Section 1123(b)(5) of the Bankruptcy Code prevents a debtor from modifying claims that are secured only by the debtor’s “principal residence.” In In re Schayes, 2012 Bankr. LEXIS 5598 (Bankr. D. Ariz. 2012), decided by Judge Haines on December 4, 2012, the court held that a home that the debtors purchased for investment purposes but which was their only residence on the petition date was the debtors’ “principal residence” for purposes of section 1123(b)(5).
The debtors purchased the subject property in 2007 and lived in the property for one year as required by the original financing contract. The home was vacant from 2008 until February 2011 when the debtors moved back into the property. The debtors filed their Chapter 11 bankruptcy petition in July 20, 2011. The debtors continued to live in the home.
The debtors argued that the property should not be deemed their principal residence for purposes of § 1123(b)(5) because they never intended to use it as their principal residence. They argued that their only intended use of the property was to rent it out to generate income and that they moved into the property solely for the business purpose of putting the property into a rentable condition and protecting it from further deterioration until it could be rented. Their proposed Chapter 11 plan provided that they would move out of the property and the property would then be rented. The debtors argued that that their intention rather than their actual use should be determinative for purposes of § 1123(b)(5).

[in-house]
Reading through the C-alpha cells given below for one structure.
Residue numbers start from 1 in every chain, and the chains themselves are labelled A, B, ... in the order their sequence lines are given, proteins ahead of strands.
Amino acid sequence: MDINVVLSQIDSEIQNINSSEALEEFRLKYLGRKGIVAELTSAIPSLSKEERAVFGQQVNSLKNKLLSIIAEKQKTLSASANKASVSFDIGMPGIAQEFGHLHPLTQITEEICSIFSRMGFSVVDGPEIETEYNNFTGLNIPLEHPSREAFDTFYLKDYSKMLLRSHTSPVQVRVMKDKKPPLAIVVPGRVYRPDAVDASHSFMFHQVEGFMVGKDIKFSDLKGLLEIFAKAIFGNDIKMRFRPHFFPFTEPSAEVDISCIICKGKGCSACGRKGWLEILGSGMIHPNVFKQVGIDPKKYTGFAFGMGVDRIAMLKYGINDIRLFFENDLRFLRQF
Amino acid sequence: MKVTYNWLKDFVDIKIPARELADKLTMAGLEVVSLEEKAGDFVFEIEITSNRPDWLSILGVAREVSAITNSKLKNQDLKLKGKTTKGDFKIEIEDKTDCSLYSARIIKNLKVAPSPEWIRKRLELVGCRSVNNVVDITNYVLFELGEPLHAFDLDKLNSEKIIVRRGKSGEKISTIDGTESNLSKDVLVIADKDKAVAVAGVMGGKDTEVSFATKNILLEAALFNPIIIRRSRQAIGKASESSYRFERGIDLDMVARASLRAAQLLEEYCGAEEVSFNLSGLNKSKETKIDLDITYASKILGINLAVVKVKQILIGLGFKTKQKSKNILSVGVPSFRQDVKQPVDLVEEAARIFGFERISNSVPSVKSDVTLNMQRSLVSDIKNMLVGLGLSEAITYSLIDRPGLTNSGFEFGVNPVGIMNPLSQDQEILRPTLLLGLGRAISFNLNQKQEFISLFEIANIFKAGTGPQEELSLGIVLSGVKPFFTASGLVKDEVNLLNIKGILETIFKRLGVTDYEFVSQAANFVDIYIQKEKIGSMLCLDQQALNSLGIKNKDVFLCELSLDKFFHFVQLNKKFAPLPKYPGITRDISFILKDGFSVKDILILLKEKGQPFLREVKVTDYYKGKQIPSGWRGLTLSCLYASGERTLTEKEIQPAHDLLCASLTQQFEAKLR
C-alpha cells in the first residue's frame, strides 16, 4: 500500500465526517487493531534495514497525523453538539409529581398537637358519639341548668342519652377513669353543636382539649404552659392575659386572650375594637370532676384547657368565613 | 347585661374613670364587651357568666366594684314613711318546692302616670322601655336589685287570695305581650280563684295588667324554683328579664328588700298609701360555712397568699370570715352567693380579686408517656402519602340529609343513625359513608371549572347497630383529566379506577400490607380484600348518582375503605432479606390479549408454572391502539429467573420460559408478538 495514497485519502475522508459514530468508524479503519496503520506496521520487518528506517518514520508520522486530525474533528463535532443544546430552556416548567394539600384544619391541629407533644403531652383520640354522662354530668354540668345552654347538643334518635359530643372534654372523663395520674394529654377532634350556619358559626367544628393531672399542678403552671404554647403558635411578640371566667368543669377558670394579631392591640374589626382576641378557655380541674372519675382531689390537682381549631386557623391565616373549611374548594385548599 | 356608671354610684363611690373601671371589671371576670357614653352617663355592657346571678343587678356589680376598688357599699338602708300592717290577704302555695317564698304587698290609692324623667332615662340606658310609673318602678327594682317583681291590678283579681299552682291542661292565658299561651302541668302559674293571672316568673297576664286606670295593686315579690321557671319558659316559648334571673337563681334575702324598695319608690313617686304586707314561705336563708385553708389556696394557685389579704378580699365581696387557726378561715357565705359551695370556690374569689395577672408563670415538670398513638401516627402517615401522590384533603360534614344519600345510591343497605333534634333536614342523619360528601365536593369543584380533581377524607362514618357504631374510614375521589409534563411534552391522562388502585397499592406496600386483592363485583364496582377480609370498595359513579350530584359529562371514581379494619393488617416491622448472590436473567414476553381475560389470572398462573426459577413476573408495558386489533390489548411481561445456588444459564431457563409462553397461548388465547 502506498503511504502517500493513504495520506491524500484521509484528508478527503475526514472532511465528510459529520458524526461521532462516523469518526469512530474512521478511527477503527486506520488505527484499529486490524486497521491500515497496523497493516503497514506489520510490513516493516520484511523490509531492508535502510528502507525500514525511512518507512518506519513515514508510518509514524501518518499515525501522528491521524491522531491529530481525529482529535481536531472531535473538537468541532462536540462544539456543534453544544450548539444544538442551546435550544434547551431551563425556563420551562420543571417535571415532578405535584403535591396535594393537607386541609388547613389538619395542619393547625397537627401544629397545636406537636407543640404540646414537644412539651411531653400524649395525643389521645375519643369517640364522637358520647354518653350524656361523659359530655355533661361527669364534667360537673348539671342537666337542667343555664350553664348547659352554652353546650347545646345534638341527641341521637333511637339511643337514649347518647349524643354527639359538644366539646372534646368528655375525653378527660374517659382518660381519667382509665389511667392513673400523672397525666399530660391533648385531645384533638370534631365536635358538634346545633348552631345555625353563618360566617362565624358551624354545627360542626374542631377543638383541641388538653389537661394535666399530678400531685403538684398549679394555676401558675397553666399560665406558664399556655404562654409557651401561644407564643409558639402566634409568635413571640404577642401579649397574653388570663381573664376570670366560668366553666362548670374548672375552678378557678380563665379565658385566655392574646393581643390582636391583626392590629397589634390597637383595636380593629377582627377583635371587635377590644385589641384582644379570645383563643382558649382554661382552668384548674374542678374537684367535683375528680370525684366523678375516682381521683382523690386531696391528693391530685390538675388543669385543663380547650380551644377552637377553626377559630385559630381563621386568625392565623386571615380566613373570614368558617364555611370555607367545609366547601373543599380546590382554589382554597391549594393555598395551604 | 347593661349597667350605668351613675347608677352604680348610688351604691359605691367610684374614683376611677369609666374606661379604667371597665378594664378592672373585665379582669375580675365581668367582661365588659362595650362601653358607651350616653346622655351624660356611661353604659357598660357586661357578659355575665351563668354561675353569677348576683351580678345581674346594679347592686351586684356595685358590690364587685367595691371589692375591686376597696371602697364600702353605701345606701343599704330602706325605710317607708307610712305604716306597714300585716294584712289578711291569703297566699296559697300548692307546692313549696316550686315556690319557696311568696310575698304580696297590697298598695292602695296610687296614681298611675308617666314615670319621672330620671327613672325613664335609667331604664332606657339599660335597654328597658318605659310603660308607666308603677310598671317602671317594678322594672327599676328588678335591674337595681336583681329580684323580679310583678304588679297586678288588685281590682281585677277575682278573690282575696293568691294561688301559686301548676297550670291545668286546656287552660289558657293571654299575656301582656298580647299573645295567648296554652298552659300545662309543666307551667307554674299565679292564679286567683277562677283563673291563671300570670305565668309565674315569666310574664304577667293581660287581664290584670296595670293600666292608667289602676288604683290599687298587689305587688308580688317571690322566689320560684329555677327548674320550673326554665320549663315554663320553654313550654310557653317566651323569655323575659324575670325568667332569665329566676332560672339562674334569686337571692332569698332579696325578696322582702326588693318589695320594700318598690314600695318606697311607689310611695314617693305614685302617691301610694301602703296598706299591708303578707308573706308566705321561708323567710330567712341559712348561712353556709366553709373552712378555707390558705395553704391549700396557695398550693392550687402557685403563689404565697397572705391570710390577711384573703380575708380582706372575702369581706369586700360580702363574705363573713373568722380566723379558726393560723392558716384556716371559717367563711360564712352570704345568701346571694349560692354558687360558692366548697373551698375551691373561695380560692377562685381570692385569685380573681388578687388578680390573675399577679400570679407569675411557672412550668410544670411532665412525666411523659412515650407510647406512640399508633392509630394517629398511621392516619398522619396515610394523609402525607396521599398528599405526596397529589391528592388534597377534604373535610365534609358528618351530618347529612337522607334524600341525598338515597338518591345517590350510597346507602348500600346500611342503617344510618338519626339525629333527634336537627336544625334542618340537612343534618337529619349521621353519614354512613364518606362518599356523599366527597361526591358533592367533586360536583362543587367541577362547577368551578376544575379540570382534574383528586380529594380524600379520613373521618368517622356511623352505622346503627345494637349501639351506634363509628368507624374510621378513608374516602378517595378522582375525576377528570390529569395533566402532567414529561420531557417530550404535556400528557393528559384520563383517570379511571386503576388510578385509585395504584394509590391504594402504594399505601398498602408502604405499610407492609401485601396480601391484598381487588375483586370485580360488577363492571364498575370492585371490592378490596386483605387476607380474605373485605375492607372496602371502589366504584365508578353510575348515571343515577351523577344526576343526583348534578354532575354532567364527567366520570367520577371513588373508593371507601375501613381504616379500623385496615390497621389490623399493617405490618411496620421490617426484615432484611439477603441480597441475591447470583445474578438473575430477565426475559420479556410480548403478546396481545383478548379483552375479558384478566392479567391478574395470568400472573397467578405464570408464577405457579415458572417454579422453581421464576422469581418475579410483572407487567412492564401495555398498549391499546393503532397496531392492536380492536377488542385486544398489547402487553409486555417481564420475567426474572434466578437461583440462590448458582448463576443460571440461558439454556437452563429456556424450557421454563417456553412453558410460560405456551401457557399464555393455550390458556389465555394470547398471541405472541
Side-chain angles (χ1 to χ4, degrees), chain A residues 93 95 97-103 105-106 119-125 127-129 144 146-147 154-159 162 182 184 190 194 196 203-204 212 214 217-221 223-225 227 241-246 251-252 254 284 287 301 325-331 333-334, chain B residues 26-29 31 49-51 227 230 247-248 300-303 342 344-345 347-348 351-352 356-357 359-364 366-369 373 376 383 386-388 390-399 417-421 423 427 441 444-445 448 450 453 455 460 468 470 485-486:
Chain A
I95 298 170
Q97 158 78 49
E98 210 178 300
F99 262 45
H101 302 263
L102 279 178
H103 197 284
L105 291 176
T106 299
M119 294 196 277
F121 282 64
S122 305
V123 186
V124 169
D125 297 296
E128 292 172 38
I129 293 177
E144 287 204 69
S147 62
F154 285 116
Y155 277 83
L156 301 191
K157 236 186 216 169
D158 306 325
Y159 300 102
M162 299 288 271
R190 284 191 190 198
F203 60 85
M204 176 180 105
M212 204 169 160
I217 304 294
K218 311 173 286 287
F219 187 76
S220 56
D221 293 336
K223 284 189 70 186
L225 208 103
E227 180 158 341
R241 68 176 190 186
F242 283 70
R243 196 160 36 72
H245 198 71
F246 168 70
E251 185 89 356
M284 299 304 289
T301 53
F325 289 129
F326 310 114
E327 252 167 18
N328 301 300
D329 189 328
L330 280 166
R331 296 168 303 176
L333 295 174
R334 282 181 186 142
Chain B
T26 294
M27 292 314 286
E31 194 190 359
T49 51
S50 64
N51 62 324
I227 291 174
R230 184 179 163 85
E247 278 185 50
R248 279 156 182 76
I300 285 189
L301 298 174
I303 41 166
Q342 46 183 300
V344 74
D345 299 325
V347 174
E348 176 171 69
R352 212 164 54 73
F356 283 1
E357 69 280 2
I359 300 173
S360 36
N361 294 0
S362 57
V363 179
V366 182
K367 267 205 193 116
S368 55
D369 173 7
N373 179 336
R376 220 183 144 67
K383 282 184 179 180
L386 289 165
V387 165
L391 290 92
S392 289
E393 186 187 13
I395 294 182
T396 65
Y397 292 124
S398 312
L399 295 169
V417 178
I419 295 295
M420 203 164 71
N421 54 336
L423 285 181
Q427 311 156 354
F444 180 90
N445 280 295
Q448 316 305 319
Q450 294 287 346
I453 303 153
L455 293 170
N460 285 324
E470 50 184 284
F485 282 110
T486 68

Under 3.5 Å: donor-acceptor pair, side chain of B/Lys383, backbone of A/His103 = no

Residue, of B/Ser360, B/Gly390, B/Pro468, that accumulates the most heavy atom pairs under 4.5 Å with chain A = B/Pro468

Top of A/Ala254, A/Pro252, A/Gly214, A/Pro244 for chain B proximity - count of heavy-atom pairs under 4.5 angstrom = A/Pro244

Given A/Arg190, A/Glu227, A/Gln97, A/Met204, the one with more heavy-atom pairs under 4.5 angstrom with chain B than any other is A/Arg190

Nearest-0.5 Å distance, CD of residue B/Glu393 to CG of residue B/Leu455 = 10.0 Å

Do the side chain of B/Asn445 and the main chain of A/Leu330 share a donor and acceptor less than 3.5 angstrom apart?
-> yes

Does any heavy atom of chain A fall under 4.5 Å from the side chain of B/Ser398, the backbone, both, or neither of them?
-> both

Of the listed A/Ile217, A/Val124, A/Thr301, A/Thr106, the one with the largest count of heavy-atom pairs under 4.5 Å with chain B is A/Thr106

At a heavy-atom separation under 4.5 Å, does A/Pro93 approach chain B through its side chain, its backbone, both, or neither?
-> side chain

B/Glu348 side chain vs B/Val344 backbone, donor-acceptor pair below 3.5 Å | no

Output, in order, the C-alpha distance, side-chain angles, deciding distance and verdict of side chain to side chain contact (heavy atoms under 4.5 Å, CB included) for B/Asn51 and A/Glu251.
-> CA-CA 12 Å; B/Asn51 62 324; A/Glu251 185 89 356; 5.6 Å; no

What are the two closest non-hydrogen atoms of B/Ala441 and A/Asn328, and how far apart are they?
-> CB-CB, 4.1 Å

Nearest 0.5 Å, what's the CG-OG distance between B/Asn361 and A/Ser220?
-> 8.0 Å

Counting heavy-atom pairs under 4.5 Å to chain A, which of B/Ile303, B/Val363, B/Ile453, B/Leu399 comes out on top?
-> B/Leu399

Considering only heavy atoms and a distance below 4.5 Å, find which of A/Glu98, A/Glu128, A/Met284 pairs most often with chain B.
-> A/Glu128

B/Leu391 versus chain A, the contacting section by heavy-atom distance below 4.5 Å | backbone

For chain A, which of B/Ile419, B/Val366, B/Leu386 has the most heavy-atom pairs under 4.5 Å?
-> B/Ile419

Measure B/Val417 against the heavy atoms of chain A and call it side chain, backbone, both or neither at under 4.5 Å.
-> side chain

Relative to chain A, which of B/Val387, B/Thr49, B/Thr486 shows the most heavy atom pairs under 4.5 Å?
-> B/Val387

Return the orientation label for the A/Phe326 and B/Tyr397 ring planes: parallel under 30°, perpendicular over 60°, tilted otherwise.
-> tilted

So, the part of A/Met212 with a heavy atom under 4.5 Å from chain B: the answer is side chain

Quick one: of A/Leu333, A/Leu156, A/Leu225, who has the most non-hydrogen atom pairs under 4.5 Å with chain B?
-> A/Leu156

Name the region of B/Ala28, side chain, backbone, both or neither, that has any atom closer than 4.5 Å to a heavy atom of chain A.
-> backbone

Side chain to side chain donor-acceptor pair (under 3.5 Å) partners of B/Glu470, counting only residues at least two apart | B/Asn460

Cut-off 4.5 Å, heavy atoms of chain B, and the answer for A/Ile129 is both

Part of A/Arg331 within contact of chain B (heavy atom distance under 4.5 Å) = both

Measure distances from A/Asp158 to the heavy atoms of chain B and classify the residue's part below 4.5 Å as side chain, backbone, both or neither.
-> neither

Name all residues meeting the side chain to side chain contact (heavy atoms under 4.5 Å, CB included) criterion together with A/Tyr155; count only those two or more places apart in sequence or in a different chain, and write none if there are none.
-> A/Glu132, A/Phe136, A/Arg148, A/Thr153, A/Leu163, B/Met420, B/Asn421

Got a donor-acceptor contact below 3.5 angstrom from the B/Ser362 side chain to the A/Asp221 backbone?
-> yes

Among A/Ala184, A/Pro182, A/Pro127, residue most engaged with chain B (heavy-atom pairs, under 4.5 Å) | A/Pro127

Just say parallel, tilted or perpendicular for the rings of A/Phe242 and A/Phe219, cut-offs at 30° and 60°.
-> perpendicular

However, the court noted that the Bankruptcy Code does include a definition for a principal residence. Section 101(13A) defines the term "debtor's principal residence" as: "a residential structure if used as the principal residence by the debtor, including incidental property without regard to whether that structure is attached to real property.” The court concluded that “the definition of ‘principal residence’ in § 101(13A) unambiguously hinges on how the debtor actually uses the structure, not the debtor's intentions at any point in time.”The court noted the suggestion of an uncodified “multi-use exception” to section 1123(b)(5). See In re Scarborough, 461 F.3d 406, 411 (3d Cir. 2006) (“the real property that secures the mortgage must be only the debtor’s principal residence in order for the anti-modification provision to apply”). However, the court distinguished Scarborough and similar cases, noting that, “[t]he basis for the uncodified exception in each of these cases was a multiple actual use of the property, not a single actual use as the debtor's principal residence coupled with another intended or hypothetical use.”